Space Shuttle Columbia / OV-102 | STS-32

Lockheed Space Operations Company launch of a Space Shuttle Columbia OV-102 Rocket

Watch Launch Video

Lockheed Space Operations Company was scheduled to launch a Space Shuttle Columbia OV-102 rocket as part of the STS-32 mission. The launch window for the Communications mission was on Tue, Jan 9th, 1990, 7:35 AM EST from Launch Complex 39A, Kennedy Space Center, FL. The status of the launch was Success. Don’t miss this exciting rocket launch! Watch the launch video of the Space Shuttle Columbia OV-102 and experience the excitement for yourself.

Mission

STS-32

STS-32 was the thirty-third mission of the shuttle program and ninth of Columbia. It was the first use of Launch Pad 39A and also marked the first use of the Mobile Launcher Platform No. 3 (MLP-3) in the shuttle program. This was the longest flight of the shuttle program lasting nearly 11 days. Its primary missions were to deploy a defence 10 satellite and retrieved NASAs Long Duration Exposure Facility.

Location

Launch Pad Compass (Beta)

Launch Complex 39A, Kennedy Space Center, FL

Kennedy Space Center, FL, USA

Rocket

Space Shuttle Columbia OV-102

Space Shuttle Columbia was the first space-rated orbiter in NASA's Space Shuttle fleet. It launched for the first time on mission STS-1 on April 12, 1981, the first flight of the Space Shuttle program. Over 22 years of service it completed 27 missions before disintegrating during re-entry near the end of its 28th mission, STS-107 on February 1, 2003, resulting in the deaths of all seven crew members.

United Space Alliance

United Space Alliance (USA) is a spaceflight operations company. USA is a joint venture which was established in August 1995 as a Limited Liability Company (LLC), equally owned by Boeing and Lockheed Martin.

Crew

G. David Low

G. David Low

Mission Specialist - American

George David Low was an American aerospace executive and a NASA astronaut. He was born in 1956 to Dr. George Low, the Manager of the Apollo Spacecraft Program Office. With undergraduate degrees in physics and mechanical engineering and a master's degree in aeronautics and astronautics, he worked in the JPL at the California Institute of Technology in the early 80's, before being picked as an astronaut candidate by NASA in 1984. In addition to holding some technical assignments, he logged more than 700 hours in space (including stints on the Columbia, the Atlantis and the Endeavour), before he left NASA in 1996 to pursue a career in the private sector.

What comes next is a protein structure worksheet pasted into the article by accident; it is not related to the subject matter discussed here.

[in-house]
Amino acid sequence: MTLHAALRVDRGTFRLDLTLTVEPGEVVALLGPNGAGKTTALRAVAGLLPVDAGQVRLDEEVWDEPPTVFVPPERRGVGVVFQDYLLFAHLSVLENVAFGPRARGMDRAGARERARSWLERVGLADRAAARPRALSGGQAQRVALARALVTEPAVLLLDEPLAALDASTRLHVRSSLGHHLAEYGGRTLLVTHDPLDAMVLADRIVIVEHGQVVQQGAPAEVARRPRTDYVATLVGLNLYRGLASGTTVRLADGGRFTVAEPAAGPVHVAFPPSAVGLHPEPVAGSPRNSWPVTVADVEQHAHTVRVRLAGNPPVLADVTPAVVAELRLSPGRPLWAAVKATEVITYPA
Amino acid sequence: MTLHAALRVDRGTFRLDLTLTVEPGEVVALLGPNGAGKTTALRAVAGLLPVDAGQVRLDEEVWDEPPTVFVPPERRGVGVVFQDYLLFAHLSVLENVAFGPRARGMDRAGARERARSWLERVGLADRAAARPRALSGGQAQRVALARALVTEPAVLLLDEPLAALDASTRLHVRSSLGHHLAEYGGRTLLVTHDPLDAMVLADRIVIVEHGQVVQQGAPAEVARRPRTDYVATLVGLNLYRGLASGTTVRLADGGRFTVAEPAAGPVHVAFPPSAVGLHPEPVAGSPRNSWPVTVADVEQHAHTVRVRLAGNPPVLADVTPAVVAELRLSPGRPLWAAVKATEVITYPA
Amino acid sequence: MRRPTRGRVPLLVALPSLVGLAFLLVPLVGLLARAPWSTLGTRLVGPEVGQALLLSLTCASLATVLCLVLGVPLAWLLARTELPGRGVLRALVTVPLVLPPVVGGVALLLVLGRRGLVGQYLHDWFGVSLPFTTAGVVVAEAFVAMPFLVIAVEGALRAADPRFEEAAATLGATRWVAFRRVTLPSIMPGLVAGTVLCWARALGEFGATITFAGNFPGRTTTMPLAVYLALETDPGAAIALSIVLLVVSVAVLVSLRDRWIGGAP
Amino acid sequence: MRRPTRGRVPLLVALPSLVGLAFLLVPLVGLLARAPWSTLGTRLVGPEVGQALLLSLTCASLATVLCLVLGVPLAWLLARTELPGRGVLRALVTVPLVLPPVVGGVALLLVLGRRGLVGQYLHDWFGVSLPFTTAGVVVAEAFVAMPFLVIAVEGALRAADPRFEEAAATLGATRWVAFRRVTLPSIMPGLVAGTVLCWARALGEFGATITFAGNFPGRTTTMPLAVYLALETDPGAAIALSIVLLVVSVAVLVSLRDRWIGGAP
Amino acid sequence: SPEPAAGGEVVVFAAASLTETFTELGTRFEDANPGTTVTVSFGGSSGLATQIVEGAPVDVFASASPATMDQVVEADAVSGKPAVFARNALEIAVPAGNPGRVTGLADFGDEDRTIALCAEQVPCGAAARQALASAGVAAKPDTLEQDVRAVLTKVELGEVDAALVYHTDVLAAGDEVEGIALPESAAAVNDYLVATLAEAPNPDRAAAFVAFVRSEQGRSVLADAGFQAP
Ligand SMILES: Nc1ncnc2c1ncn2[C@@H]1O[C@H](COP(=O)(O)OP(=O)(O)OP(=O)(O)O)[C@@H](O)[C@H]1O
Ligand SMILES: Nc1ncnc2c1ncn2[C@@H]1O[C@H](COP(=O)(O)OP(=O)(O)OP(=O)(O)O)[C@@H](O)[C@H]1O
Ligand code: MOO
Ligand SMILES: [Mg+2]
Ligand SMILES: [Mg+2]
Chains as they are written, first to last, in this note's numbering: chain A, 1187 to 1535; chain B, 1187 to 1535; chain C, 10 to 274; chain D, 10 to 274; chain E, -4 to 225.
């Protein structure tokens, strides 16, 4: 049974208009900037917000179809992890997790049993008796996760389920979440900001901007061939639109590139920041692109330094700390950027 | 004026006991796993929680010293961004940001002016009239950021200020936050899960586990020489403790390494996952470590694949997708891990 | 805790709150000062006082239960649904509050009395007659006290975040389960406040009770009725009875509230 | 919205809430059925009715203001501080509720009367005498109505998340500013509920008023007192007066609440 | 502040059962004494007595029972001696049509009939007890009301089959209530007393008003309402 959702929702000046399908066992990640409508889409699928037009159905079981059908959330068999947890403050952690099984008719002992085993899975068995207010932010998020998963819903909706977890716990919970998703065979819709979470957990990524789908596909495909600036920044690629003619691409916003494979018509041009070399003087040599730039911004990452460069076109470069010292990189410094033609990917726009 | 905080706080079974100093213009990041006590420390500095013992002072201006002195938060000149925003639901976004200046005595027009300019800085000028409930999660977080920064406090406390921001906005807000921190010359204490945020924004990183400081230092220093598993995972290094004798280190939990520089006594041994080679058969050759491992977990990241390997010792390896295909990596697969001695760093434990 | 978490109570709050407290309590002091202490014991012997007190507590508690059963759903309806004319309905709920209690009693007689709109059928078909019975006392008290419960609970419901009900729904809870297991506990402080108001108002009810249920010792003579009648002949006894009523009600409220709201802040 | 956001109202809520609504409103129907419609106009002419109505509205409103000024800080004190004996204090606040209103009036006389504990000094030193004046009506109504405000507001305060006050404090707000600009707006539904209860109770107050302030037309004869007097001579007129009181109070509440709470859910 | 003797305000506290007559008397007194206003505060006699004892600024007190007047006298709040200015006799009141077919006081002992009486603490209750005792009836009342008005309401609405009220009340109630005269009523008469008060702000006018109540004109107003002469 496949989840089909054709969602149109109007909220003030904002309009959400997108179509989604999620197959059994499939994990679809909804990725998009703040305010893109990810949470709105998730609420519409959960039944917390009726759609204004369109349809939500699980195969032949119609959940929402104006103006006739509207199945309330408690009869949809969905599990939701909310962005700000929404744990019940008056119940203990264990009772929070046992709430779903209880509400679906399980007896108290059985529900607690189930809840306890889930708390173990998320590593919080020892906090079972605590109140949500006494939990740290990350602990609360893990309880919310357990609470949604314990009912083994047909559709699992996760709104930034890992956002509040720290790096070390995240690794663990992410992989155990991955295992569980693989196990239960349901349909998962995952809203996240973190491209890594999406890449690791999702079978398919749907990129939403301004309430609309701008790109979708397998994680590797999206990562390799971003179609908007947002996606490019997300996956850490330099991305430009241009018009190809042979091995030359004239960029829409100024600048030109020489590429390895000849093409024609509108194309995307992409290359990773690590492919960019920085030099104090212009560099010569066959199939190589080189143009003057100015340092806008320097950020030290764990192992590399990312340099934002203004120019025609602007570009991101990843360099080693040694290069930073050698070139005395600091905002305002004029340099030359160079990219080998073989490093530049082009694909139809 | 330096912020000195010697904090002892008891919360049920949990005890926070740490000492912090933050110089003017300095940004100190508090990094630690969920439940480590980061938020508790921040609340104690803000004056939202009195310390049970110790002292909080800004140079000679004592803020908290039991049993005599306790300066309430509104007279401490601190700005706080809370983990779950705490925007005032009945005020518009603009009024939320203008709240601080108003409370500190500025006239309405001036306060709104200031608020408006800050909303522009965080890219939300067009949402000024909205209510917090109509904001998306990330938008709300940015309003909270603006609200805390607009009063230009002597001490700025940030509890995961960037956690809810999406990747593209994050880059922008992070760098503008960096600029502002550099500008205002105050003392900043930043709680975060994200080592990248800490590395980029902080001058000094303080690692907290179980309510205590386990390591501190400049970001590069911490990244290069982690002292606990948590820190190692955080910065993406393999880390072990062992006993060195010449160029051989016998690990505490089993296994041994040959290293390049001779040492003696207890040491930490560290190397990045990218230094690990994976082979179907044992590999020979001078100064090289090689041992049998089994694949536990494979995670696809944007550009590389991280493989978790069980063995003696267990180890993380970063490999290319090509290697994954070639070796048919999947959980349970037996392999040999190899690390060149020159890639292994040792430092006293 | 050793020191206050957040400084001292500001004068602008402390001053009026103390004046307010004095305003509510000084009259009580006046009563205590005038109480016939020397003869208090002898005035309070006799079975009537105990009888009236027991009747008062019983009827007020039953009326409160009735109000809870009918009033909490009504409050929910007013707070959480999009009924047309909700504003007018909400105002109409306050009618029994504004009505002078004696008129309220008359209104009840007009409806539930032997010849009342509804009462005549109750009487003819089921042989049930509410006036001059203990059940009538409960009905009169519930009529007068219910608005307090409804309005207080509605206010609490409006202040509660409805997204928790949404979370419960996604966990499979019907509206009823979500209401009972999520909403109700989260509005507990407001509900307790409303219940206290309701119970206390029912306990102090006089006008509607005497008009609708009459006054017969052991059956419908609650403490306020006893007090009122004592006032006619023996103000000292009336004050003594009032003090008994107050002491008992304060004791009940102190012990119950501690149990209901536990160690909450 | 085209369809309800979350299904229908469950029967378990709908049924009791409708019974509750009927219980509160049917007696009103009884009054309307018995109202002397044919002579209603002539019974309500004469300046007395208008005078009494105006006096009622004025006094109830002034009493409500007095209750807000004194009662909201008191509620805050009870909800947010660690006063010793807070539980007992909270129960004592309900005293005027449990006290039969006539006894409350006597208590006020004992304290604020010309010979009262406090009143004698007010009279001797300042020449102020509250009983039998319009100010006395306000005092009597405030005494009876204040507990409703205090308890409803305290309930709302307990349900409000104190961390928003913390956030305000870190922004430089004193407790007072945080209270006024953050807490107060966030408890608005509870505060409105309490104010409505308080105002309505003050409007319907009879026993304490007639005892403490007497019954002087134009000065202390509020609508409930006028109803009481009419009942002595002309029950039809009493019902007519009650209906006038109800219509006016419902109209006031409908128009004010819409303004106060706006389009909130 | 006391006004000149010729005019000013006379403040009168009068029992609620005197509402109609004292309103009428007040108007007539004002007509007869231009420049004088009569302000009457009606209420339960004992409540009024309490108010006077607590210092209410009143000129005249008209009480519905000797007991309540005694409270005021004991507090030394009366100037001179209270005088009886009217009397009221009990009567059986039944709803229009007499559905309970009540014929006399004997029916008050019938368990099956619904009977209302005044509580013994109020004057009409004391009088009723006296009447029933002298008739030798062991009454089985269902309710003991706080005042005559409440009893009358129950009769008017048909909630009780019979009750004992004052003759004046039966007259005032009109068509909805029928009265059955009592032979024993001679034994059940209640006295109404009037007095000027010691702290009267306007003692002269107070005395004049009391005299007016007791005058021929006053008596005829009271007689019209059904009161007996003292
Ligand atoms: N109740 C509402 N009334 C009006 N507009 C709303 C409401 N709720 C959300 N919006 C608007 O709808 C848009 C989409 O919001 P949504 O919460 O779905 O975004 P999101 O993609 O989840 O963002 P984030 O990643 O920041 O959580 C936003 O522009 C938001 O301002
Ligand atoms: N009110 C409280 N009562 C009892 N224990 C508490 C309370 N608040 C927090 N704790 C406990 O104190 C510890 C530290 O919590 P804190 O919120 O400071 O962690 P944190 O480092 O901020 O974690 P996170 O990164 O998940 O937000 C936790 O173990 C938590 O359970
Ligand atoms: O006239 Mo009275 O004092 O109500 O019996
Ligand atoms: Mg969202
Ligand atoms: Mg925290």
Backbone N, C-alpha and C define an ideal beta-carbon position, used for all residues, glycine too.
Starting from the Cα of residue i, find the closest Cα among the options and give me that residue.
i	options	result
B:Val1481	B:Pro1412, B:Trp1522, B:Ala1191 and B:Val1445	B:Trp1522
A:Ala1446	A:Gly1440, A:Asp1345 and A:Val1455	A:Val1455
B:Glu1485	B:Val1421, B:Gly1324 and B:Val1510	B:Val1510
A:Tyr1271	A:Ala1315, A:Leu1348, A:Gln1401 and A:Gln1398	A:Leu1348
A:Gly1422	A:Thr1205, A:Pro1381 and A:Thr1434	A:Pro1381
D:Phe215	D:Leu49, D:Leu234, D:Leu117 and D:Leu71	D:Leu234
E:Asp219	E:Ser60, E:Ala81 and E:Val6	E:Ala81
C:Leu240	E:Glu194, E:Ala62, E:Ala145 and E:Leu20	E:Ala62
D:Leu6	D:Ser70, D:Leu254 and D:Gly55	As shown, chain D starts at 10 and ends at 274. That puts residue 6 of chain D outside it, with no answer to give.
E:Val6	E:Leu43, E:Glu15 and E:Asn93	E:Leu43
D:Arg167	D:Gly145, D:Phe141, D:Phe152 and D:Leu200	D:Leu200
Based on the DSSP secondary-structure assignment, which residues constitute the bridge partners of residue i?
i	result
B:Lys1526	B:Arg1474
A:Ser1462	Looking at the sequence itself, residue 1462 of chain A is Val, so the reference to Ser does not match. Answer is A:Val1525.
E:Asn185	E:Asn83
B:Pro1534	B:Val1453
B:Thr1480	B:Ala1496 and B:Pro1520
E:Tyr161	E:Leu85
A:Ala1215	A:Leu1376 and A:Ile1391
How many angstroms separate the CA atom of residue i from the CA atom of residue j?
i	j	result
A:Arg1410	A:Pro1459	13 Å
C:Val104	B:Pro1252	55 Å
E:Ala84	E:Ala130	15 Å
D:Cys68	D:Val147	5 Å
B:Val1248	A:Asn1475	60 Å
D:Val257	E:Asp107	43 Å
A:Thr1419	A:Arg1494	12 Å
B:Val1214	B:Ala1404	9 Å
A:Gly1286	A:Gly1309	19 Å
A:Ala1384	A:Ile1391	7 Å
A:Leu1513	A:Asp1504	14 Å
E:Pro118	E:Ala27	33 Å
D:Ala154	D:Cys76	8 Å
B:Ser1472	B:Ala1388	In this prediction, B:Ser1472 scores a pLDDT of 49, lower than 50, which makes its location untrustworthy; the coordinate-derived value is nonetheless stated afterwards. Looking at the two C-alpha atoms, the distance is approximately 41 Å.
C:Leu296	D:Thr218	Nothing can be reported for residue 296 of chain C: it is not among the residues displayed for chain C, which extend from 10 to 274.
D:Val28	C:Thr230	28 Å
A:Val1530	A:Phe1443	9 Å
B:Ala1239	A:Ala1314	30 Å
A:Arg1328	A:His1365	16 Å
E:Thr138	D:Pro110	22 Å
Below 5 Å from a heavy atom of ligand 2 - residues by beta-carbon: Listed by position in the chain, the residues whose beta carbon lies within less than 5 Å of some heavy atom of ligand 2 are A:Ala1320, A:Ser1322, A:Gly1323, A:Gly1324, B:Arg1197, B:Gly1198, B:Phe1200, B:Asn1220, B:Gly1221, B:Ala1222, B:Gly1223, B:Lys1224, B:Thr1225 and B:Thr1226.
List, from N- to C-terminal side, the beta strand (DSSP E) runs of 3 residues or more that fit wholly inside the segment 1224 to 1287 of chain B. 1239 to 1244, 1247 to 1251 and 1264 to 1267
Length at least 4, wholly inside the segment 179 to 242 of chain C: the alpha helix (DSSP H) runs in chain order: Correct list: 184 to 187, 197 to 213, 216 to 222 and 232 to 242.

Bonnie J. Dunbar

Bonnie J. Dunbar

Mission Specialist - American

Bonnie Jeanne Dunbar is a former NASA astronaut. She retired from NASA in September 2005 then served as president and CEO of The Museum of Flight until April 2010. From January 2013 - December 2015, Dr. Dunbar lead the University of Houston's STEM Center (science, technology, engineering and math) and was a faculty member in the Cullen College of Engineering.[1] Currently, she is a professor of aerospace engineering at Texas A&M University and serves as Director of the Institute for Engineering Education and Innovation (IEEI), a joint entity in the Texas A&M Engineering Experiment Station (TEES) and the Dwight Look College of Engineering at Texas A&M University.

Daniel Brandenstein

Daniel Brandenstein

Commander - American

Daniel Charles Brandenstein is the Executive Vice President and Chief Operating Officer of United Space Alliance. He is a former Naval Aviator, test pilot and NASA astronaut, who flew four Space Shuttle missions.

Jim Wetherbee

Jim Wetherbee

Pilot - American

James Donald "Wxb" Wetherbee is an American former naval officer and aviator, test pilot, aerospace engineer, and NASA astronaut. He is a veteran of six Space Shuttle missions and is the only American to have commanded five spaceflight missions.

Marsha Ivins

Marsha Ivins

Mission Specialist - American

Marsha Sue Ivins is an American former astronaut and a veteran of five space shuttle missions.

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